Midluteal Progesterone May Be a Marker for Fertility Treatment Outcomes

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A low midluteal progesterone level ≤15.8 in patients taking clomiphene citrate was associated with low probability of live birth.
A low midluteal progesterone level ≤15.8 in patients taking clomiphene citrate was associated with low probability of live birth.

A low midluteal progesterone level after undergoing ovarian stimulation with medications such as clomiphene citrate, letrozole, or gonadotropins, coupled with intrauterine insemination (OS-IUI) is associated with lower probability of obtaining a live birth, according to new findings published in the Journal of Clinical Endocrinology & Metabolism.

The relationship between luteal phase hormone dynamics and pregnancy outcomes in women who undergo OS-IUI cycles remains unclear, which may be at least partially because of the lack of consensus concerning the concept of luteal insufficiency, its frequency of occurrence, and its clinical significance. In the current study, the authors sought to determine the level and frequency of a low luteal phase serum progesterone level and its association with pregnancy outcomes in patients with unexplained infertility.

Midluteal progesterone levels and live birth outcomes were analyzed for 2376 cycles of 900 participants who underwent OS-IUI as part of the Assessment of Multiple Intrauterine Gestations from Ovarian Stimulation clinical trial.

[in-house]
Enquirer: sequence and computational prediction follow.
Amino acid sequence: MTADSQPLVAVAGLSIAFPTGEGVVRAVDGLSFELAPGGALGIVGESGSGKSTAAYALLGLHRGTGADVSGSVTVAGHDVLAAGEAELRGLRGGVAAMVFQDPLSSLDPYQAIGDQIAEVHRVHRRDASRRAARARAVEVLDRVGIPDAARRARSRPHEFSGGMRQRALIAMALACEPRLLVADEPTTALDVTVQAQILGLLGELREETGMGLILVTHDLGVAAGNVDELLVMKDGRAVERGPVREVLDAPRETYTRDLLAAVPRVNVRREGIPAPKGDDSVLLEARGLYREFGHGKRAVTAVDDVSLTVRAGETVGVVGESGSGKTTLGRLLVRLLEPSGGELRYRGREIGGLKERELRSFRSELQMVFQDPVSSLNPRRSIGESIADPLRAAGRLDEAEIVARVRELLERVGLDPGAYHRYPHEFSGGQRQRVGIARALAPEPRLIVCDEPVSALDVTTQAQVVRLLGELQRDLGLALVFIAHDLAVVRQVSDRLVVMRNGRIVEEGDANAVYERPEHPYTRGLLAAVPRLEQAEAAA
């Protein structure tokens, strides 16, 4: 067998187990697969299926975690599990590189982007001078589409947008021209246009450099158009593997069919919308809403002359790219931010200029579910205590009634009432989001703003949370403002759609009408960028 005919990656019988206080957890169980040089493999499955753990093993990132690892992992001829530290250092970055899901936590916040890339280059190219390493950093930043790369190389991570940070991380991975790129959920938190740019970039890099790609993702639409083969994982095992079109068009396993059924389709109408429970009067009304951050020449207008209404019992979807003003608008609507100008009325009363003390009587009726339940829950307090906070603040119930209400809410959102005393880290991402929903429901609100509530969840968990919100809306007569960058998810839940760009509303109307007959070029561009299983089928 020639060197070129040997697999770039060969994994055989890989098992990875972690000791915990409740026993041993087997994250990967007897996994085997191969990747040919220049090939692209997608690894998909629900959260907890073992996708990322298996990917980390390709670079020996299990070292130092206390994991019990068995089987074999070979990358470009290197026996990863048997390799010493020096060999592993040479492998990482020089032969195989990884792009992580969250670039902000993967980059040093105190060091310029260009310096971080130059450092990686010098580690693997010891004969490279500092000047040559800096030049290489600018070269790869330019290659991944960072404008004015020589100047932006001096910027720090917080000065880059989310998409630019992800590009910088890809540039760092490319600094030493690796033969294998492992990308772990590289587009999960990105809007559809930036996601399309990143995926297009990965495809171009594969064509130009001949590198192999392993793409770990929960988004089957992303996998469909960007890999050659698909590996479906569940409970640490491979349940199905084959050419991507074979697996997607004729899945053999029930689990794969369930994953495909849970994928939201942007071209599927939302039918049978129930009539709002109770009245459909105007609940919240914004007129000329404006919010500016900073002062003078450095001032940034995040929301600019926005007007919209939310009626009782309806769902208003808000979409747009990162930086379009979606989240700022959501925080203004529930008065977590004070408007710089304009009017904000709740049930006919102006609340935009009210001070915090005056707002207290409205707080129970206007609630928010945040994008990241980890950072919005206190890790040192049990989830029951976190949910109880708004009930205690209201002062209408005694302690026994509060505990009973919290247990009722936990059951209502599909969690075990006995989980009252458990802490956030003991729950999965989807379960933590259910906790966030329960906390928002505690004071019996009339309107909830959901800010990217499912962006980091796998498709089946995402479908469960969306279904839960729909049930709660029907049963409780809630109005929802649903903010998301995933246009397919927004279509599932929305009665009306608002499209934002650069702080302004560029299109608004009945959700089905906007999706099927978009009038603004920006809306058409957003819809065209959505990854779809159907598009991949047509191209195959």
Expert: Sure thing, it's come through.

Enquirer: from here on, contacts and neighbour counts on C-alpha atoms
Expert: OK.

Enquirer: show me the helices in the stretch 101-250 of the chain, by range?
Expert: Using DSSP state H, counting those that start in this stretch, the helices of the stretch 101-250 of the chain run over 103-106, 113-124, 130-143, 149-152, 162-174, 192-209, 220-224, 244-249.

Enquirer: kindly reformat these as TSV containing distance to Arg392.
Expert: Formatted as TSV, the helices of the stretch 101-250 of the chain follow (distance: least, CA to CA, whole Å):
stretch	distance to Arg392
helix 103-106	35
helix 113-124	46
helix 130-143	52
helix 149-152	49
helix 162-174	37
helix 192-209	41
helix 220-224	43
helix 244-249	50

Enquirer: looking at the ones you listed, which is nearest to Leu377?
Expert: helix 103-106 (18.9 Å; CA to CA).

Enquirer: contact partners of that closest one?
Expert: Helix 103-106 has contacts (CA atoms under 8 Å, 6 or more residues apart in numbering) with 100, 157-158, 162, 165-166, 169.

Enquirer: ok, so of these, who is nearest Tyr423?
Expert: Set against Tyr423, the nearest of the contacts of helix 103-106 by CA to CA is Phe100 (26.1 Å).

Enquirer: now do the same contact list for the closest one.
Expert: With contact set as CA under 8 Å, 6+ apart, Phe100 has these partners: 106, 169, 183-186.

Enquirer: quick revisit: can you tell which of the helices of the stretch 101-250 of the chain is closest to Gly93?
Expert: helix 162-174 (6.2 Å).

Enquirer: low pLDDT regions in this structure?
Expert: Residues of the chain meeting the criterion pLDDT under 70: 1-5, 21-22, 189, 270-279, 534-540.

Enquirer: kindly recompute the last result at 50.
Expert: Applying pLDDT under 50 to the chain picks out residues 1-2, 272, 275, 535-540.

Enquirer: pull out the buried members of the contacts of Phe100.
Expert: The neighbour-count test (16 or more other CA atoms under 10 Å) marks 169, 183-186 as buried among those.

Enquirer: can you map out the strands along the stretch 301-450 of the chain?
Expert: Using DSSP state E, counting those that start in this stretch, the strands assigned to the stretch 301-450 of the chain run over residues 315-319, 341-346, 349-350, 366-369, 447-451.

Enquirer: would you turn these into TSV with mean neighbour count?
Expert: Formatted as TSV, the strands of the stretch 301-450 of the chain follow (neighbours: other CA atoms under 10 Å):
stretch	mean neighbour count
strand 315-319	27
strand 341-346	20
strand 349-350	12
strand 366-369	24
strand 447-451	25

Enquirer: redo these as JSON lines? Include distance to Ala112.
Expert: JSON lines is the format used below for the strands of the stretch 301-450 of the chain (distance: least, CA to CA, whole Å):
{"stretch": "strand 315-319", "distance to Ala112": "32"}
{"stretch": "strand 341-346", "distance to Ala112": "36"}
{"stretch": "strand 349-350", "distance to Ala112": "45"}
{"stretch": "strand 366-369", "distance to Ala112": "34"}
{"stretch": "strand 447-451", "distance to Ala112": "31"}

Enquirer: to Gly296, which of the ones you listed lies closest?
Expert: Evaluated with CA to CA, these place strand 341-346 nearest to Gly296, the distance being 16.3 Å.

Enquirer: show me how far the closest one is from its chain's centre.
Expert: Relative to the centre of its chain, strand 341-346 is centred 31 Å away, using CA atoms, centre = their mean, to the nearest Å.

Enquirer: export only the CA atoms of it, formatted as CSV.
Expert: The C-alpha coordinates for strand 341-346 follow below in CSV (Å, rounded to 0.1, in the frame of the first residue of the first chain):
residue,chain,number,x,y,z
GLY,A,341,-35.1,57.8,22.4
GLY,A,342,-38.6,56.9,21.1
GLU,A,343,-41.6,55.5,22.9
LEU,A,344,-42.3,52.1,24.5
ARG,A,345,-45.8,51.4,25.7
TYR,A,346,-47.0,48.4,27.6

In all treatment cycles, a normal midluteal progesterone level was associated with greater odds of having a live birth (odds ratio 2.47; 95% CI, 1.28-4.79), and this remained consistent even after adjustment for the number of follicles ≥16 mm on the day of human chorionic gonadotropin trigger alone or for peak estradiol. Greater odds of a live birth were also observed in normal vs low progesterone cycles after adjusting for variables that included age, body mass index, number of follicles ≥16 mm on the day of human chorionic gonadotropin trigger, follicular phase length, duration of infertility, treatment medication, and treatment cycle number (adjusted odds ratio 2.17; 95% CI, 1.05-4.48). With oral medications, cycles with normal midluteal progesterone levels had approximately a twofold to fourfold greater odds of achieving a live birth in the unadjusted and adjusted models.

Investigators concluded that, “a low midluteal progesterone level (≤15.8, 14.8, and 9.1 ng/mL for clomiphene, letrozole, and gonadotropin cycles, respectively) in OS-IUI treatment cycles was associated with lower probability of obtaining a live birth.” Additionally, there were no live births with a midluteal progesterone <14.4, <13.1, and <4.3 ng/mL in clomiphene citrate, letrozole, and gonadotropin cycles, respectively. They also note that, “Additional investigations are necessary to confirm this association and to help refine clinically useful cutoff values for what is a low midluteal progesterone by stimulation protocol associated with lack of success in OS-IUI treatment cycles.”

Reference

Hansen KR, Eisenberg E, Baker V, et all; NICHD Reproductive Medicine Network. Mid-luteal progesterone: a marker of treatment outcomes in couples with unexplained infertility [published online May 14, 2018]. J Clin Endocrinol Metab. doi: 10.1210/jc.2018-00642

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